Sallie E. Davis Foundation
Missing members: Ruby Jackson, Lucy Dennis
The history of black people in Baldwin County is being recorded by a group of women who want coming generations to know where they came from and where they can go.
In two years, their efforts should blossom into the Sallie Davis Museum at 301 Clark St., which will document contributions blacks have made to the community.
“We need our young people to know,” said Carolyn Thomas, a member of the Sallie Davis Foundation, which is renovating the house where the group’s name-sake once lived.
“There are a lot of people who go to schools and they don’t know that they were named after black leaders, that a person actually existed and laid a great foundation for teaching the black youth in the community at a time when it was very unpopular,” she said. They kind of insulated you from the horrors of segregation and said, ‘I love you and I’m going to teach you.’ It is these kind of people we are honoring with the Sallie Davis house.”
Davis was one of the first teachers at Eddy High School and was principal there for 27 years. She retired in 1948 after 58 years at the school.
“At one time all black students from Milledgeville went there, “Otelia Edwards, a great-niece of Davis.
One former student, quoted in a brochure prepared by the foundation, described here as a “pioneer black educator” who came into the classroom “at a time when she was teaching the children of enslaved people who may not have been physically, but mentally shackled.”
Sallie E. Davis
Davis was born outside Milledgeville in the mid 1870s. Her mother died when she was young, but her father, an Irish immigrant, was a prominent merchant, landowner and farmer, according to the brochure.
She attended primary and secondary schools in Baldwin County before enrolling at Atlanta University. There, she developed a life-long friendship with teacher W.E.B. DuBois, founder of the NAACP. She returned to Milledgeville to teach, but she never stopped educating herself. She attended summer school at Tuskegee Institute in Alabama when Booker T. Washington was president. She also attended Savannah College.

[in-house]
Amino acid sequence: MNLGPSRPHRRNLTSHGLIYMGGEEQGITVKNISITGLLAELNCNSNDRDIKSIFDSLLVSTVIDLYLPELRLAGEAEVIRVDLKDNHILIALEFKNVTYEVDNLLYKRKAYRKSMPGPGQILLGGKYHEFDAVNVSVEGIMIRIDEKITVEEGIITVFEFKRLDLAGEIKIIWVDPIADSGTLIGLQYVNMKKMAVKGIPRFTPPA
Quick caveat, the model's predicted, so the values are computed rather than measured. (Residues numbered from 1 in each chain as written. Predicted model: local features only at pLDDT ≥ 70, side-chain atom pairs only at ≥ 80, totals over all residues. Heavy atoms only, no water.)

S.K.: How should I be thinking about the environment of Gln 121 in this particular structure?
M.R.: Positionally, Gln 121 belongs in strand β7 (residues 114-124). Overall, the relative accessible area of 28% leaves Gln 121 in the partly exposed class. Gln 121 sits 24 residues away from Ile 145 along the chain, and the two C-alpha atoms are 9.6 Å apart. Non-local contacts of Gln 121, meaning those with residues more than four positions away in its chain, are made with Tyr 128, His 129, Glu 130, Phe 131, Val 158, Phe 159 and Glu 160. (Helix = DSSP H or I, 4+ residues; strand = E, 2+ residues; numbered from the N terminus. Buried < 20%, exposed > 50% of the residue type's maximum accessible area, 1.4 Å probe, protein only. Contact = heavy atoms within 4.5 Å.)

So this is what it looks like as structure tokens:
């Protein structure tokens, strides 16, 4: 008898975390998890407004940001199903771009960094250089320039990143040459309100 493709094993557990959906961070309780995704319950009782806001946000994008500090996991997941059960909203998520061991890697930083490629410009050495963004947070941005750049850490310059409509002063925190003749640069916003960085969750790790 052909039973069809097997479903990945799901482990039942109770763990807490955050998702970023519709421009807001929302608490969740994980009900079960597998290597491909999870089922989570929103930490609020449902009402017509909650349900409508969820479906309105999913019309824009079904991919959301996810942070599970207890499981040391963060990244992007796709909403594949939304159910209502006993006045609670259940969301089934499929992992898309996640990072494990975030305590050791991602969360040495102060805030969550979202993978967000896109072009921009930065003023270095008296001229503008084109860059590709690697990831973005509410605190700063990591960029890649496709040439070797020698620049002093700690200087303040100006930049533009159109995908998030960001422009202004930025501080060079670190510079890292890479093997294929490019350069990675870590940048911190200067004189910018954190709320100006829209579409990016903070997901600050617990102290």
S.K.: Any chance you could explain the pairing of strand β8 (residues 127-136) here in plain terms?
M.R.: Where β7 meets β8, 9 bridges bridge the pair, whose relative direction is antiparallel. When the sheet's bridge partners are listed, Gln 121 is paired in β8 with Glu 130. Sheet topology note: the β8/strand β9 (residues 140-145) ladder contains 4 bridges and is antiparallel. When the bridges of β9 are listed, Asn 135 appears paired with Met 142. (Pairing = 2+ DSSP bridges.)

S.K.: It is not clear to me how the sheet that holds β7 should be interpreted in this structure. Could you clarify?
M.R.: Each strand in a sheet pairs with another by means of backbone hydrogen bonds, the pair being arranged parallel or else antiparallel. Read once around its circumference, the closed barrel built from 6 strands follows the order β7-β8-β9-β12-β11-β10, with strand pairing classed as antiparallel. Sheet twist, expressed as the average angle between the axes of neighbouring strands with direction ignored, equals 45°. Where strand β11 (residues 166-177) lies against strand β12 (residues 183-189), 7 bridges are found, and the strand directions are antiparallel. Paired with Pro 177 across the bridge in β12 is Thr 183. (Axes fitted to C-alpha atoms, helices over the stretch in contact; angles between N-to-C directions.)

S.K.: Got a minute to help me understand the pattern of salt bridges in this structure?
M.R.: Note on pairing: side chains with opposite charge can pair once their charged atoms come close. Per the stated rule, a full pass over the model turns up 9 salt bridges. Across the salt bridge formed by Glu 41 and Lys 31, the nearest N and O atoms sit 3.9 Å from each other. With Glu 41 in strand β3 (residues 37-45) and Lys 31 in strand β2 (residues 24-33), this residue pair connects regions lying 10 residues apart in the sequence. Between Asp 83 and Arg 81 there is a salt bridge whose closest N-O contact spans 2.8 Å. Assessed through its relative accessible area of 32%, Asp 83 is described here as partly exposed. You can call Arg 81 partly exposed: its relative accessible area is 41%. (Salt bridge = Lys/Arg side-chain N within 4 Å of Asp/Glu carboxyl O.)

Davis Elementary School, formerly Sallie E. Davis Elementary School is named for her.
Edwards said she envisions the museum as a repository of information about black people from Baldwin County and across middle Georgia.
The foundation has applied for a $25,000 state grant to repair the house’s foundation and roof. Edwards said local carpenters and brick masons have volunteered to work on the structure Davis bought in 1912 Renovation is expected to begin in June.
She and others want to display “anything of the achievement of black citizens of this area.” They are interested in photographs, church histories and mementos that document black life.
The foundation is concerned that people are not aware of the many contributions blacks have made, Edwards said.
“The people, the older people that knew of the contributions are passing off the scene and we know that the population is younger and that people are coming on and they have no idea of the things that happened in this county in the past,” Edwards said.
“We had quite a business society, quite a cultural society, and quite an educational set-up. These are things we want to bring.”
The adversity that surrounded the black community during segregation, at least for now, is being held in the minds and hearts of the people who lived through it.
"Right now, we are focusing on contributions of merit. We are not delving into the past of the things that are so unpleasant. Of course, I’m sure that there are many, but there are many pleasant times that people of this county can enjoy," Edwards said.
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